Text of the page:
While test scores have increased slightly, the news still isn’t good.
According to newly-released ACT scores, 28% of this year’s high-school graduates did not score high enough on the standardized test to meet the standards for expected college success. Nearly three in 10 test takers (28%) failed to meet any of the benchmarks in the four core subject areas of English, math, reading and science.
That percentage, unchanged since last year, means that when the class of 2011 gets to campus this fall, many will need to take several remedial courses to make up for their lack of preparedness.
“Too many students are still falling through the cracks,” Jon Erickson, interim president of ACT’s Education Division, said in a press release. “It’s important that we work hard to ensure that all young people graduate from high school with the skills they need to succeed in college and career.”
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But while more than a quarter of students were unprepared for college, another 25% of test takers successfully met the college-readiness standard in all of the four core subjects. That’s a slight increase over last year’s 24%, according to the Associated Press, and the third straight year of such improvement from 2007, when 23% of students met all four benchmarks.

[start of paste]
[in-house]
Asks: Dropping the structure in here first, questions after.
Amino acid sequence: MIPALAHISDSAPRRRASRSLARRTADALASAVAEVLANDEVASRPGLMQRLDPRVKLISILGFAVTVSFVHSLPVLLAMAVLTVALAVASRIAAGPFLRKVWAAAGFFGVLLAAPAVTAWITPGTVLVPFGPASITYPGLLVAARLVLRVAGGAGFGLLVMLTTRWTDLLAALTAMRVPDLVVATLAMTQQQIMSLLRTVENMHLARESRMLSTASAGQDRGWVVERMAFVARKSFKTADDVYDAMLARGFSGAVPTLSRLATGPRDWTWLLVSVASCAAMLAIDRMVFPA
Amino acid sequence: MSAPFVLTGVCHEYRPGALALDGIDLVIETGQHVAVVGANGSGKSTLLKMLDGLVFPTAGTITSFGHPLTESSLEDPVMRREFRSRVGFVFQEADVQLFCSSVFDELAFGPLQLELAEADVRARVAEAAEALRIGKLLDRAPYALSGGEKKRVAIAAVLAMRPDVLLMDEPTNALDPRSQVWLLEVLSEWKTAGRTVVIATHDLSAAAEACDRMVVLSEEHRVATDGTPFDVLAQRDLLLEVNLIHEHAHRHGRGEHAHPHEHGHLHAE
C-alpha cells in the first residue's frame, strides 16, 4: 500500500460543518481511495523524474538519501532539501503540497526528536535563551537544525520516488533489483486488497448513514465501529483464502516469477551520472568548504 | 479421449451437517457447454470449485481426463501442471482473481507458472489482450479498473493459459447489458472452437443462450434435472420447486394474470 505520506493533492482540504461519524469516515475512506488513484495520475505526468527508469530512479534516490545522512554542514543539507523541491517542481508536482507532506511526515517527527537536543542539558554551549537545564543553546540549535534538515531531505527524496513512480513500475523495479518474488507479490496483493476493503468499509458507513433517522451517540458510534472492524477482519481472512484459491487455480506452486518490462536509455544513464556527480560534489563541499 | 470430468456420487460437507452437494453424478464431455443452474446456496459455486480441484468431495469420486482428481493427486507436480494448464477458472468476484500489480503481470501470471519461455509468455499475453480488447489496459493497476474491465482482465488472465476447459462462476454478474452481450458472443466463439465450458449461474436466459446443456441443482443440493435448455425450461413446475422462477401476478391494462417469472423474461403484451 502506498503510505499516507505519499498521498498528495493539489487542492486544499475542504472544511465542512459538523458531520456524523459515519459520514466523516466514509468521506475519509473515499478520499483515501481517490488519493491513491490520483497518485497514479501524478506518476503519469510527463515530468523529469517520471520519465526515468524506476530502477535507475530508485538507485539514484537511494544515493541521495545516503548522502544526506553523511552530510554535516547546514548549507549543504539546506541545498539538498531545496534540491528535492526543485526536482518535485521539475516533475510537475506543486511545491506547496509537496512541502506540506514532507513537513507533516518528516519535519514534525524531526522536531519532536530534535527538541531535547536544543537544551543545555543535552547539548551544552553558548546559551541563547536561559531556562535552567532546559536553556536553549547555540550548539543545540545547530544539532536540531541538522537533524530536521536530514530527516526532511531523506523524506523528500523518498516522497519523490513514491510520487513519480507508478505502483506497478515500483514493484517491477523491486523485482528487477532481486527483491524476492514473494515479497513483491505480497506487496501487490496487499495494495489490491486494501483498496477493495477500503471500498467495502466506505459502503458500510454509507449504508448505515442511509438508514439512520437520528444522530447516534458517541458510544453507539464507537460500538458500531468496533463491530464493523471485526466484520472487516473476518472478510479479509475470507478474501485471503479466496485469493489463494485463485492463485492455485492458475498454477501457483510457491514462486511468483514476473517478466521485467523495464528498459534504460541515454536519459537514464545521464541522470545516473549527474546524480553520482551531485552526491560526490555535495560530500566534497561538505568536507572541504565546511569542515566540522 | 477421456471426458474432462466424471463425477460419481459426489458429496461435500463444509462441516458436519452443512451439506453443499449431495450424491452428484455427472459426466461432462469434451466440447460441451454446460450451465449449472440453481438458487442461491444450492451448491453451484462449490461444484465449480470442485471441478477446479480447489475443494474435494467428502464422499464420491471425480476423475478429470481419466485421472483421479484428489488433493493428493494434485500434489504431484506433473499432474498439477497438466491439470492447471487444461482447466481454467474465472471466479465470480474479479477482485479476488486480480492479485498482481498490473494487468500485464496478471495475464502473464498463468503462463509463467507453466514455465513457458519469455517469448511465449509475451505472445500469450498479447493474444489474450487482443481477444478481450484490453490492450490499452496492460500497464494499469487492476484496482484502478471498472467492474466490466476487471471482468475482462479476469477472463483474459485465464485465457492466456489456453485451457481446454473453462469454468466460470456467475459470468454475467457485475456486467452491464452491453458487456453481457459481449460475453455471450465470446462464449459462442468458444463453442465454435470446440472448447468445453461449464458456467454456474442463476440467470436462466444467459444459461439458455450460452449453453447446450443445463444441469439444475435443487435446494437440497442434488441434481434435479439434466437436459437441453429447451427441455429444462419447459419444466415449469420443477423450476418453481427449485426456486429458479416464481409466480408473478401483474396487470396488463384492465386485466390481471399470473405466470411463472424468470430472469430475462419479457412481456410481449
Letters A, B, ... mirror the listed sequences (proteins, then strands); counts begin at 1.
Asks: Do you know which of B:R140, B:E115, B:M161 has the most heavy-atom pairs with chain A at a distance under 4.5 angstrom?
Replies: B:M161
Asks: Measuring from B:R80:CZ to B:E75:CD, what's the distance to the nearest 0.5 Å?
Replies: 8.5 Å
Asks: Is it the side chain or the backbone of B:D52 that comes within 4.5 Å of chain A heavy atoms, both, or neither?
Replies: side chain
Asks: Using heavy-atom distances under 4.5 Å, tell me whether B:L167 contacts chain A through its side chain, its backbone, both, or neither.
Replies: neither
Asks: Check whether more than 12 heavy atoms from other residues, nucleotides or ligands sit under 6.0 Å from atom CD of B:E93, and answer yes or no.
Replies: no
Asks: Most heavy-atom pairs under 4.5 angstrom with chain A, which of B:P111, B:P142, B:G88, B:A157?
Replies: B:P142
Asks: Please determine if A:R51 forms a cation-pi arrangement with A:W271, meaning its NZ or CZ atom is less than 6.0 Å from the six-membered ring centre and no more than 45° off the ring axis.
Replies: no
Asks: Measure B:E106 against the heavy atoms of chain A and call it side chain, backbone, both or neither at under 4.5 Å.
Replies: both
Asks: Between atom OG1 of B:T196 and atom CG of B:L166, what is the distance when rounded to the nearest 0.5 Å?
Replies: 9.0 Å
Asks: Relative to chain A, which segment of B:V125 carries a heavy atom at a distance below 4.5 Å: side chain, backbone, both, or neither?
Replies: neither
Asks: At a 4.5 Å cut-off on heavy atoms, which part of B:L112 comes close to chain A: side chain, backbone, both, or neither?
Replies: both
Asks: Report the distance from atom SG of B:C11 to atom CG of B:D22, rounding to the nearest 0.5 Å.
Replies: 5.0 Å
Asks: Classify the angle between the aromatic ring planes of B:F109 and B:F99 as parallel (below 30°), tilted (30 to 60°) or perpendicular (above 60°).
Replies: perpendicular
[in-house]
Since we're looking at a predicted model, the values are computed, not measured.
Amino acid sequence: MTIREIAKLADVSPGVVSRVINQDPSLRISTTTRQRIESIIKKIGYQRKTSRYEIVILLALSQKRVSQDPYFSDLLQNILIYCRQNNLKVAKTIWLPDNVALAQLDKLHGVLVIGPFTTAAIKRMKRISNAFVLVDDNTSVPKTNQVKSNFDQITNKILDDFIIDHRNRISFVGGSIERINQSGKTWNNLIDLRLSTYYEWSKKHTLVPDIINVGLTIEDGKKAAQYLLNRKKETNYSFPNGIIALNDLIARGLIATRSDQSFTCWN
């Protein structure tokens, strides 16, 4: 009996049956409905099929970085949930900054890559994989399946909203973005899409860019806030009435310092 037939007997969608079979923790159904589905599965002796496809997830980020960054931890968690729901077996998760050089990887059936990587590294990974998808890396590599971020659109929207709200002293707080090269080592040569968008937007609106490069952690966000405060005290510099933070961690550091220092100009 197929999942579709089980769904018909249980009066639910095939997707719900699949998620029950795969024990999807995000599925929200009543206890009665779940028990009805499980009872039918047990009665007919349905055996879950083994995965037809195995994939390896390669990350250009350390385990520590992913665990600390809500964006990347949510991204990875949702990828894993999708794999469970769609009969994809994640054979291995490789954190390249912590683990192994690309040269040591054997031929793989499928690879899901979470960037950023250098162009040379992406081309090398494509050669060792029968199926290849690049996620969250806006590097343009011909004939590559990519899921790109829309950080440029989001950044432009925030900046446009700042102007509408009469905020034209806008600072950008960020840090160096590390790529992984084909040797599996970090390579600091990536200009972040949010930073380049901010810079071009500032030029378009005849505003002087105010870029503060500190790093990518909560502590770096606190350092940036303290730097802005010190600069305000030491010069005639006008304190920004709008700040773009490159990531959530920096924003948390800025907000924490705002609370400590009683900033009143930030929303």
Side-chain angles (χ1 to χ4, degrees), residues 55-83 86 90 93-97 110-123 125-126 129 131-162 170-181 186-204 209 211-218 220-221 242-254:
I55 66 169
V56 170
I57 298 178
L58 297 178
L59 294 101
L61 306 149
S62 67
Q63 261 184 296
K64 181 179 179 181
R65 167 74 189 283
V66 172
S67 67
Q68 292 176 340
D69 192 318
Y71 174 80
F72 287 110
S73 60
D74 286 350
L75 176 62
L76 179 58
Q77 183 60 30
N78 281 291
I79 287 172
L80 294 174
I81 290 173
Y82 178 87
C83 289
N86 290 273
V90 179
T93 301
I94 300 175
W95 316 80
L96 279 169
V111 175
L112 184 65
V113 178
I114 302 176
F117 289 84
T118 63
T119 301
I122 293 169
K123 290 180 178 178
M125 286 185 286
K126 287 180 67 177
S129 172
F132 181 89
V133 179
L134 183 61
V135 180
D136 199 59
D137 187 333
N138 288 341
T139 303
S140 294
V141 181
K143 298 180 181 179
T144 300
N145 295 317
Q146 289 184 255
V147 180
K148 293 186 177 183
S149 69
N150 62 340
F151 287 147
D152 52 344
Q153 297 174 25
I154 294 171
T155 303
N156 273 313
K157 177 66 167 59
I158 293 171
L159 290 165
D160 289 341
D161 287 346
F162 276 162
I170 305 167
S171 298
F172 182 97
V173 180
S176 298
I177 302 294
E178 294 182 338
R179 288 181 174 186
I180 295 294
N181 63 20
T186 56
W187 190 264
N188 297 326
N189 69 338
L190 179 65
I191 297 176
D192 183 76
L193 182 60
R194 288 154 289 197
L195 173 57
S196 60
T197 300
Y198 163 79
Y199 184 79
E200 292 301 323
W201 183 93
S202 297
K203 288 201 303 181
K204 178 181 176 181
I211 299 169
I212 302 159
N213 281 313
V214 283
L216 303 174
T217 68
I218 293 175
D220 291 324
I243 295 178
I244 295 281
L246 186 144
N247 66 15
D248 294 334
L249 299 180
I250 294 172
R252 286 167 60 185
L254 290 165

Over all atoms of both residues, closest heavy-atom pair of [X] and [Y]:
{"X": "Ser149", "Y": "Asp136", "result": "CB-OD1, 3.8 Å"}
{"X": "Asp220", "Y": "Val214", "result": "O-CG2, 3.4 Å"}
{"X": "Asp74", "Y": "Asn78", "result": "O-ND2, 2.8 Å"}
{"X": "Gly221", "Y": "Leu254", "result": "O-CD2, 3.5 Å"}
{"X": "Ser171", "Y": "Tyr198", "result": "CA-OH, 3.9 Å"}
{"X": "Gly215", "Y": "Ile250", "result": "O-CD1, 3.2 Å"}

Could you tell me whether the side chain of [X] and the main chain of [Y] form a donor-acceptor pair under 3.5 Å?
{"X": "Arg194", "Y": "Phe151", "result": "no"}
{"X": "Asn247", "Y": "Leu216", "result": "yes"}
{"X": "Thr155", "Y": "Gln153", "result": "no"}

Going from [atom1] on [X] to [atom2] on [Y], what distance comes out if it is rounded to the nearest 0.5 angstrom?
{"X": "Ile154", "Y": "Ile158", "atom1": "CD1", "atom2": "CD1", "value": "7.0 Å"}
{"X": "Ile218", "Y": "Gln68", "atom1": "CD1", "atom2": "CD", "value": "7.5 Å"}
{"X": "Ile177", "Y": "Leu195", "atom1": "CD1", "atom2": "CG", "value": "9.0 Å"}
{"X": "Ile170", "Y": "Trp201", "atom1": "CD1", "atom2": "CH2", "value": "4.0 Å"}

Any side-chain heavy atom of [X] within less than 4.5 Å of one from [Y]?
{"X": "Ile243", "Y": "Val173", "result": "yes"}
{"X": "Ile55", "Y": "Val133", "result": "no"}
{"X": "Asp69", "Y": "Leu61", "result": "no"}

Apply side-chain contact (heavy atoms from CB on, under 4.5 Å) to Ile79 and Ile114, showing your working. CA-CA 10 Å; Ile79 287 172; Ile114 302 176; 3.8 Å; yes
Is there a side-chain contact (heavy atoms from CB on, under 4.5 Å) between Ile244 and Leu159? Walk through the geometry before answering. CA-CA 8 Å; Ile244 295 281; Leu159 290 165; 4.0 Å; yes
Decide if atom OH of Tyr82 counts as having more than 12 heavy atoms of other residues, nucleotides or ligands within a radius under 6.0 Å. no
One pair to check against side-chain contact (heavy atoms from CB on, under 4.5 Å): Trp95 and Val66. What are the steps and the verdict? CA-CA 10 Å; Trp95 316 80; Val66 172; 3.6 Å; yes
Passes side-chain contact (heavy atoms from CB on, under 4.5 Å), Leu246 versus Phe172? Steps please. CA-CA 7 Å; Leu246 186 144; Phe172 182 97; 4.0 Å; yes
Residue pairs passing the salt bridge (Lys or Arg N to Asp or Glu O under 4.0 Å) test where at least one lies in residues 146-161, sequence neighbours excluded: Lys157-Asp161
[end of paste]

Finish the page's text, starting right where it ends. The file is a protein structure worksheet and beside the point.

What is especially disconcerting about this year’s scores, though, is the ever-widening achievement gap between the top-scoring students — Asians and whites — and the lowest scorers — blacks, Hispanics and American Indians — grew slightly wider between 2007 and 2011, according to the Washington Post.
For example, while composite scores among Asian students (the very highest performing group) improved slightly from 2007 to 2011 — from 22.6 in 2007 to 23.6 in 2011 — scores among black students (the lowest performing group) remained at 17 for both years. The national average composite score for 2011 was 21.1. (All scores are out of a possible 36.)
Additionally, 41% of Asian students met the college benchmarks in all four subject areas and 31% of whites did, while just 11% of Hispanics and 4% of blacks met all four benchmarks, according to NPR.
While the ACT scores are cause for concern, researchers have long questioned the effectiveness of standardized tests as a measure of future academic success. Indeed, a recent study from the National Bureau of Economic Research found the science and reading portions of the test have “little or no” ability to help colleges predict whether applicants will succeed.
The study found, however, that the two remaining sections, English and math, were “highly predictive” of college success, meaning that graduates who failed to meet the benchmark in those subject areas might want to hit the books.
Kayla Webley is a Writer-Reporter at TIME. Find her on Twitter at @kaylawebley or on Facebook at facebook.com/kaylalwebley. You can also continue the discussion on TIME’s Facebook page and on Twitter at @TIME .